A "fairer World Cup", better player behaviour and a reduction in the "mobbing" of officials.
The introduction of video assistant referees was one of the major issues heading into this World Cup and, as expected, it has been a near constant talking point during the first round of games.
Four penalties have been given using VAR, while England and Brazil both had cause to be unhappy with the system.
Like it or not, it is certainly having an impact - 10 penalties have been awarded in 17 matches. The World Cup record is 18 for an entire tournament.
Former Premier League referee Mark Halsey told BBC Radio 5 live the failure of VAR to give spot-kicks to England for fouls on Harry Kane against Tunisia showed the system is "inconsistent" and "should not be in this tournament".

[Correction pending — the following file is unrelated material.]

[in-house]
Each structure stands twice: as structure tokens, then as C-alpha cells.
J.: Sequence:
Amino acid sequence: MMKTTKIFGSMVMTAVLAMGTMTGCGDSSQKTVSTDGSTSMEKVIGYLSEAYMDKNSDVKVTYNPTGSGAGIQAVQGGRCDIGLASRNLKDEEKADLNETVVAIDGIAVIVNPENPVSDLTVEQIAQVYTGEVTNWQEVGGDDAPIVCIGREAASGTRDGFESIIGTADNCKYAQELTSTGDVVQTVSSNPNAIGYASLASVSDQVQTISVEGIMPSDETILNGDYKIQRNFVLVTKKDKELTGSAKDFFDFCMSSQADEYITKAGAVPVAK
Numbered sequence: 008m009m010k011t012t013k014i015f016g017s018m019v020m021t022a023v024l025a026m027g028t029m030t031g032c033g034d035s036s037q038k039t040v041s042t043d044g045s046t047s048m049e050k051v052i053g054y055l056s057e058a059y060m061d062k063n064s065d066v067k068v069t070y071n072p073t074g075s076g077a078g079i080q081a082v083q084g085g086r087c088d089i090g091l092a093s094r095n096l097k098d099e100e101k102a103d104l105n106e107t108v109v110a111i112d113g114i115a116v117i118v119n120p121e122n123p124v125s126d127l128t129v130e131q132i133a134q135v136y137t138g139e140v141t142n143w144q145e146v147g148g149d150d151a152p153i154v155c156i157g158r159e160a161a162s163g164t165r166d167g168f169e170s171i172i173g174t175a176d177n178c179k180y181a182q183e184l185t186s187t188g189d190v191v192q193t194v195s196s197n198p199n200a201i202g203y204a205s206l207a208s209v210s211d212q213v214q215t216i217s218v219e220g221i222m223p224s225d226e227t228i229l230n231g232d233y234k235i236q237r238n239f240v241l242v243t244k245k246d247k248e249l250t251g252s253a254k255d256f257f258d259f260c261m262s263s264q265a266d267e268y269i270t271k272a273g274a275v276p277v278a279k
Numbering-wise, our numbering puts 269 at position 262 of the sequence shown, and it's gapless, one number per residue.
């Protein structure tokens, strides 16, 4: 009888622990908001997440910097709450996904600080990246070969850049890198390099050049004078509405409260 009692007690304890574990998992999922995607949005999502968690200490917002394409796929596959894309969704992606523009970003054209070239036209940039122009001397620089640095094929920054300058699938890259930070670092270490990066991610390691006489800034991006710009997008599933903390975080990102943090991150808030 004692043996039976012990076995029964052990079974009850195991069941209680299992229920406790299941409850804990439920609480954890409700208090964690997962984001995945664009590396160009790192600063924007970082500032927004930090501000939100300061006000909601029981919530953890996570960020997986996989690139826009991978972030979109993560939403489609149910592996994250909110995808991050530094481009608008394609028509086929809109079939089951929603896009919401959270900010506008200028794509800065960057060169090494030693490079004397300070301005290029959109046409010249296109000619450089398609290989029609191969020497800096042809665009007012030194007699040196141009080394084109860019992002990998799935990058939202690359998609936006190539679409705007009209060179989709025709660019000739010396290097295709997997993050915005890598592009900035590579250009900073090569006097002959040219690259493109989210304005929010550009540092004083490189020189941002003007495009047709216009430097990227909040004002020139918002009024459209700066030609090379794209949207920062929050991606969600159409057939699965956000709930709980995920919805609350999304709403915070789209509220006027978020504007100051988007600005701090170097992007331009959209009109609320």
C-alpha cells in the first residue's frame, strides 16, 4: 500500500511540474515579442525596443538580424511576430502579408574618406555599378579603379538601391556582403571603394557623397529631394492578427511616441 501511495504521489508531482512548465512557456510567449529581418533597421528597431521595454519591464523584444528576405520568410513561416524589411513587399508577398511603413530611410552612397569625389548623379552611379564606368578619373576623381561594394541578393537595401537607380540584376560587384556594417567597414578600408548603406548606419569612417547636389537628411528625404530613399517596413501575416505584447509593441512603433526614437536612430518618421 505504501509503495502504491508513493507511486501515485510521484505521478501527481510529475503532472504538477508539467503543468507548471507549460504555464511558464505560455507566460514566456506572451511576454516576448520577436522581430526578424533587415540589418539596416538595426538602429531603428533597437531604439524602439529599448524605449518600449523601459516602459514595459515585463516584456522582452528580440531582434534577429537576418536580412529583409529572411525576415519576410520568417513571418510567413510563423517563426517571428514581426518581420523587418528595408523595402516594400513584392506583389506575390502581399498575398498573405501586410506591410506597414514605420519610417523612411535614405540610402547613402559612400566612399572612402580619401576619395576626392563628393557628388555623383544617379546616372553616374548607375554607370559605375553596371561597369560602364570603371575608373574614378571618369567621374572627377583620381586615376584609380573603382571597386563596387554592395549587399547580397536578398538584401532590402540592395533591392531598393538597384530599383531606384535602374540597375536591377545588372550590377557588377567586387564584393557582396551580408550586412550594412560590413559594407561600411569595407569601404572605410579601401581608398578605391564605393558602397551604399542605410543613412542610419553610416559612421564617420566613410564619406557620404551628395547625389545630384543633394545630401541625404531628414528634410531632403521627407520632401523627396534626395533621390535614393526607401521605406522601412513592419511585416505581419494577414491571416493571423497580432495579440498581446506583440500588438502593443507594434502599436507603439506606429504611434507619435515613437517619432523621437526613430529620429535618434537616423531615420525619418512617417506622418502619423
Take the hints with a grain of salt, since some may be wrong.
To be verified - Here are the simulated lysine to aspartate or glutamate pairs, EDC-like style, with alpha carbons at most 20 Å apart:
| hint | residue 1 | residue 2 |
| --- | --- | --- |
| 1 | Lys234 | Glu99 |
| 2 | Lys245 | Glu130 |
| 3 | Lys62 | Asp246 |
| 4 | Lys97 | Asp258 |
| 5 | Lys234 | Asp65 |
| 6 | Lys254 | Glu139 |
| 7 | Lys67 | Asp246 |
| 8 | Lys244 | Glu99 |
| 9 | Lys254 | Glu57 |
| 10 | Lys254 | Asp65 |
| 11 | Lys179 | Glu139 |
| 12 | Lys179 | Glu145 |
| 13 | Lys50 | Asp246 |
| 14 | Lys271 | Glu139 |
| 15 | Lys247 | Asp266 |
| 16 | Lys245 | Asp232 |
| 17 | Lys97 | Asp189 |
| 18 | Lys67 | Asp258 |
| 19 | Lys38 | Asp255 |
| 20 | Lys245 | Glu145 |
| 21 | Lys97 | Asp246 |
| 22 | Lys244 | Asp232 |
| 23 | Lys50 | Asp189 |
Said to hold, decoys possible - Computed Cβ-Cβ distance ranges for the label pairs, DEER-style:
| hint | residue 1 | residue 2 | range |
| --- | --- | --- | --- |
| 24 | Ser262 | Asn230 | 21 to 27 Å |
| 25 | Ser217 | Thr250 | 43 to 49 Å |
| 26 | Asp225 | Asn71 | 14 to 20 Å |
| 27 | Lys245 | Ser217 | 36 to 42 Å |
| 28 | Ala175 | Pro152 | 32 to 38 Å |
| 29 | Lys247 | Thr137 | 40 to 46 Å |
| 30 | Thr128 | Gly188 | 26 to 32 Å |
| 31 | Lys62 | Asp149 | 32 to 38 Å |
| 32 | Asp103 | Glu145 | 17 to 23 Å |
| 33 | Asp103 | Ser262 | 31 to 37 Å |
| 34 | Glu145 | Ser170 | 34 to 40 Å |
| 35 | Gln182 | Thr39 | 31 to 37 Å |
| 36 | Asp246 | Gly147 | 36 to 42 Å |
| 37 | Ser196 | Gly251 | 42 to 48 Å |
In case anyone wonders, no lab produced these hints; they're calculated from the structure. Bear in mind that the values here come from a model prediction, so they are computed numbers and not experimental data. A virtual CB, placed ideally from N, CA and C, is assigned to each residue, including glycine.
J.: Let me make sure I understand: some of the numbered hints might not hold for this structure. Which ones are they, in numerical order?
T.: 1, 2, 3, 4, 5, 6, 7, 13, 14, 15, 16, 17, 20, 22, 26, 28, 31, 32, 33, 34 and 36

But Fifa says it is "extremely satisfied with the level of refereeing to date and the successful implementation of the VAR system".
And David Elleray, technical director of the International Football Association Board - the body which oversees the laws of the game, told BBC Sport its overall impact has been "very positive".
"There have only been five reviews in the first 17 matches, which conforms to the global average of one in every three games," said Elleray, who helps to train referees in the use of VAR.